Category Archives: Stock Portfolio Building

Is Your Stock Portfolio Sufficiently Diversified?

Diversification simply means spreading your risk. The idea is that different sectors and industries are exposed to different risks and therefore, they will take turns outperforming or underperforming in different economic or market environments.

For example, you wouldn’t want 50% of your dividend portfolio in bank stocks because they would get hit hard in a financial crisis or recession.

Although during a recession, likely all sectors and industries will be impacted, some will recover faster than others. That’s where it’s advantageous to hold a diversified portfolio versus one that’s concentrated.

Stock portfolio building is a journey that’s not necessarily a straight or rosy path

Today, I’ll introduce a few ways to think about stock portfolio diversification. Here’s a dividend stock portfolio building example.

Diversification by sector and industry

The Global Industry Classification Standard (“GICS”) categorizes stocks across 11 sectors, 24 industry groups, 69 industries, and 158 sub-industries.

The 11 sectors are Communication Services, Consumer Staples, Consumer Discretionary, Energy, Financials, Health Care, Industrials, Information Technology, Materials, Real Estate, and Utilities.

The rule of thumb is to not own more than 25% of one’s stock portfolio in a sector. You don’t necessarily need to invest across all 11 sectors, though. For instance, many Energy, Materials, and Industrials stocks have more unpredictable earnings due to the ebbs and flows of the economic cycle. 

Therefore, it might serve investors (especially new investors) better to start investing in the other 8 sectors first. However, coming out of a recession — in an economic expansion, Industrials stocks would do very well.

Notably, Biotech stocks, in the Health Care sector, are highly unpredictable as well. Small-cap biotech stocks could be multi-baggers or make investors lose their shirts!

Some sectors have more industries to choose from. You don’t need to invest in all industries. Play with the interactive tool at the GICS website to see the various industries.

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High Inflation: Beat It With Dividend Stocks!

High inflation is already upon us. As BBC News reported, the U.S. saw consumer prices jump 4.2% in the past 12 months. Price surges for certain goods can be even more ridiculous. Second-hand car prices rose 10% in April versus March. 

A part of that had to do with the shortage (and consequential price rise) in basic materials like steel. The situation is similar for other raw materials like copper and lumber.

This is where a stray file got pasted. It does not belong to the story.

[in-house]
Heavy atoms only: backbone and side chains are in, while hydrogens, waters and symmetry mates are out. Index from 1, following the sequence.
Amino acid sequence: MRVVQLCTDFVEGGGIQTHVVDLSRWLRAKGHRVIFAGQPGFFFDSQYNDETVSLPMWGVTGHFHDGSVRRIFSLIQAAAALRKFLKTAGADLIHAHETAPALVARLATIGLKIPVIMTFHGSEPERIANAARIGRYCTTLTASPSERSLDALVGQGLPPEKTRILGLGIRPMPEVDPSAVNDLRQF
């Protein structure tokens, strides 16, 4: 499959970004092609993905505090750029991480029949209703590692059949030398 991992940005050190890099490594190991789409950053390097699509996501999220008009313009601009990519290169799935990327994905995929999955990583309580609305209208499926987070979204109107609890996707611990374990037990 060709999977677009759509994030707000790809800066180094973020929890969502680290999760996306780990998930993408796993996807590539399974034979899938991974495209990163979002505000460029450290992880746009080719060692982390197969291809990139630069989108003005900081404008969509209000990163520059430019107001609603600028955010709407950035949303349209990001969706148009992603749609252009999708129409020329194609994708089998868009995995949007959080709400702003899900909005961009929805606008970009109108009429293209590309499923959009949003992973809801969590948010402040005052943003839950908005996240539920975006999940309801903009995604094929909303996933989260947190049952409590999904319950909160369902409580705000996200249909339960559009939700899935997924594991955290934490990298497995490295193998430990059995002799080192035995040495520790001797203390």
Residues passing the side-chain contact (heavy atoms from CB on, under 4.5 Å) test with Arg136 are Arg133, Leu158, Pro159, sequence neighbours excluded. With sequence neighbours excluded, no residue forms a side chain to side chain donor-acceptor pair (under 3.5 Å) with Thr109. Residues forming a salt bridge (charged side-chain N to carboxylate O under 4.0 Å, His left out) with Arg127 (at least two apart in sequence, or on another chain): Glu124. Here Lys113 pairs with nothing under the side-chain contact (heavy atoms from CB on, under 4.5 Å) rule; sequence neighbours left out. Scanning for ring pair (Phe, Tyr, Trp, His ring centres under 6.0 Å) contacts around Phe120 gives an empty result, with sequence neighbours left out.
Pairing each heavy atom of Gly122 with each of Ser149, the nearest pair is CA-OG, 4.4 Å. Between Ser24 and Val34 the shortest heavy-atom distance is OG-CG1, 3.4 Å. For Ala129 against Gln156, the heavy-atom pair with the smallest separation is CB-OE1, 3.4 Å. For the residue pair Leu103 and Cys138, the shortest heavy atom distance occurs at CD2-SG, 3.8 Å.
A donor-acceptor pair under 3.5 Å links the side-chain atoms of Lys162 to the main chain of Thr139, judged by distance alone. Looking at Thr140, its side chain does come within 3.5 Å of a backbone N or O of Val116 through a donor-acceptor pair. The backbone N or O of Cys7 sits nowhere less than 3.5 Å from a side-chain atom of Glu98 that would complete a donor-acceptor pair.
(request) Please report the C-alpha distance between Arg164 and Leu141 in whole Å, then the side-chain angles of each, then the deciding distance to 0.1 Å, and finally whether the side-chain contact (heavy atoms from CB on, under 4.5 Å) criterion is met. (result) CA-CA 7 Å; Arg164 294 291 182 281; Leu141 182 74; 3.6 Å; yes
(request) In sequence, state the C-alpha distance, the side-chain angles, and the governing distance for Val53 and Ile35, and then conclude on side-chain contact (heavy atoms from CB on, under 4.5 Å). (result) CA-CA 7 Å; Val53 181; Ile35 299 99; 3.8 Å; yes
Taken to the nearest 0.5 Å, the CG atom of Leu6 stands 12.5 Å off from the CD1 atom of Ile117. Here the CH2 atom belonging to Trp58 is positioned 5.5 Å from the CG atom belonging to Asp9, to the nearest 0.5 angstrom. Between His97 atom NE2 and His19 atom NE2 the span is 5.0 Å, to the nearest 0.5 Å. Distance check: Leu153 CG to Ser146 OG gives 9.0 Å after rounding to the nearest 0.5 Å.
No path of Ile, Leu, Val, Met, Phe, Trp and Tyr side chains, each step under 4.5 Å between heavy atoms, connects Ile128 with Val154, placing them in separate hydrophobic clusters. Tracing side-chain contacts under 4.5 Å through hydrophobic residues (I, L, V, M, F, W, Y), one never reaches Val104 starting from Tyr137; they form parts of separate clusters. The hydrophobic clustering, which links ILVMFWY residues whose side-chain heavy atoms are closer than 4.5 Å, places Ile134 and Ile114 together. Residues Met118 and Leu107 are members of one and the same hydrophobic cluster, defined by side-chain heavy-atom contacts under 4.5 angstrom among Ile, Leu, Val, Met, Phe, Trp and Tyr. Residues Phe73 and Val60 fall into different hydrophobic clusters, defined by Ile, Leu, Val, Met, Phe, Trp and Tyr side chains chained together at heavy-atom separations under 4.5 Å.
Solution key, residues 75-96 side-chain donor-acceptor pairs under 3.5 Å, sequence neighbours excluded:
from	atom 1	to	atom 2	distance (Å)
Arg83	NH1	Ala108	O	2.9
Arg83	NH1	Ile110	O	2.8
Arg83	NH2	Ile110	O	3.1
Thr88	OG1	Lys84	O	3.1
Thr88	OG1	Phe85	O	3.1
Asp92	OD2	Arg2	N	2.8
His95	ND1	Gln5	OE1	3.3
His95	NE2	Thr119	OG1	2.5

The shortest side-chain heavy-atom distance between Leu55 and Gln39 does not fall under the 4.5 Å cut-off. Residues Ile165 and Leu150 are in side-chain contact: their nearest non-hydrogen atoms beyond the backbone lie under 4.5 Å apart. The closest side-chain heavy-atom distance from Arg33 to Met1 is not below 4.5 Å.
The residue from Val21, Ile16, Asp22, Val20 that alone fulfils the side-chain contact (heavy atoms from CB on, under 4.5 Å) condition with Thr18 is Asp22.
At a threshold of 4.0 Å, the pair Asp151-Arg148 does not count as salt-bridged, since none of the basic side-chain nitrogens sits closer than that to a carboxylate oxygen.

We can say something similar for Canada as well — higher inflation and higher raw material costs. The annual inflation rate was 3.4% in Canada.

The Federal Reserve aims for a long-term inflation rate of 2%, as does the Bank of Canada. The Federal Reserve explains very well here how a stable rate of 2% helps with keeping maximum employment and consumer price stability. It further clarifies that an extended period of low inflation is likely to lead to a period of higher inflation (triggered by monetary policy), which is what we’re seeing now in both countries. 

At the very minimum, Americans and Canadians need to ensure their savings are earning at least 2% a year from interest income. Of course, we can do better than that with dividend stocks.

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Dividend Stock Portfolio Building: How Big Should Your Stock Position Be?

You build a dividend stock portfolio one stock at a time. But how much should you buy the stock of a quality company until you stop? 

You might stop when the stock is no longer attractively priced or when you’ve bought a big enough position.

If you are relatively new to investing, you might be confused about these terms: “starter position”, “partial position”, and “full position”. I’ll explain them real soon (in the section after the next one).

Dividend Stock Portfolio Building Examples

Portfolio building is about spreading risks. You might refrain from buying more than 25% of your stock portfolio in a sector or 5% in a stock. For example, banks, insurance, and asset managers fall under the financial services sector. 

Under the 25% rule, these holdings cannot make up more than 25% of your portfolio when you make purchases. Under the 5% rule, you won’t have more than 5% in Royal Bank of Canada (TSX:RY)(NYSE:RY) or Brookfield Asset Management (TSX:BAM.A)(NYSE:BAM) when you buy their shares.

You might also limit how much you invest in a dividend stock by the yield it provides. For example, a high-yield dividend stock that pays a 10% yield could be risky. If so, you might only limit it to contribute to only 1% of your annualized income. It could be a great move to just avoid risky, high-yield stocks altogether. 

Not all high-yield stocks are risky. You’ll need to perform fundamental analysis on potential ideas to determine if they’re risky or not, given the economic condition or situation at the time. During a market crash, a nice bunch of quality dividend stocks could provide nice yields of 5-10%.

Here’s a concrete example. A new $11,000 dividend portfolio that’s focused on growth (or dividend growth) might look like this with $1,000 invested in each of the following:

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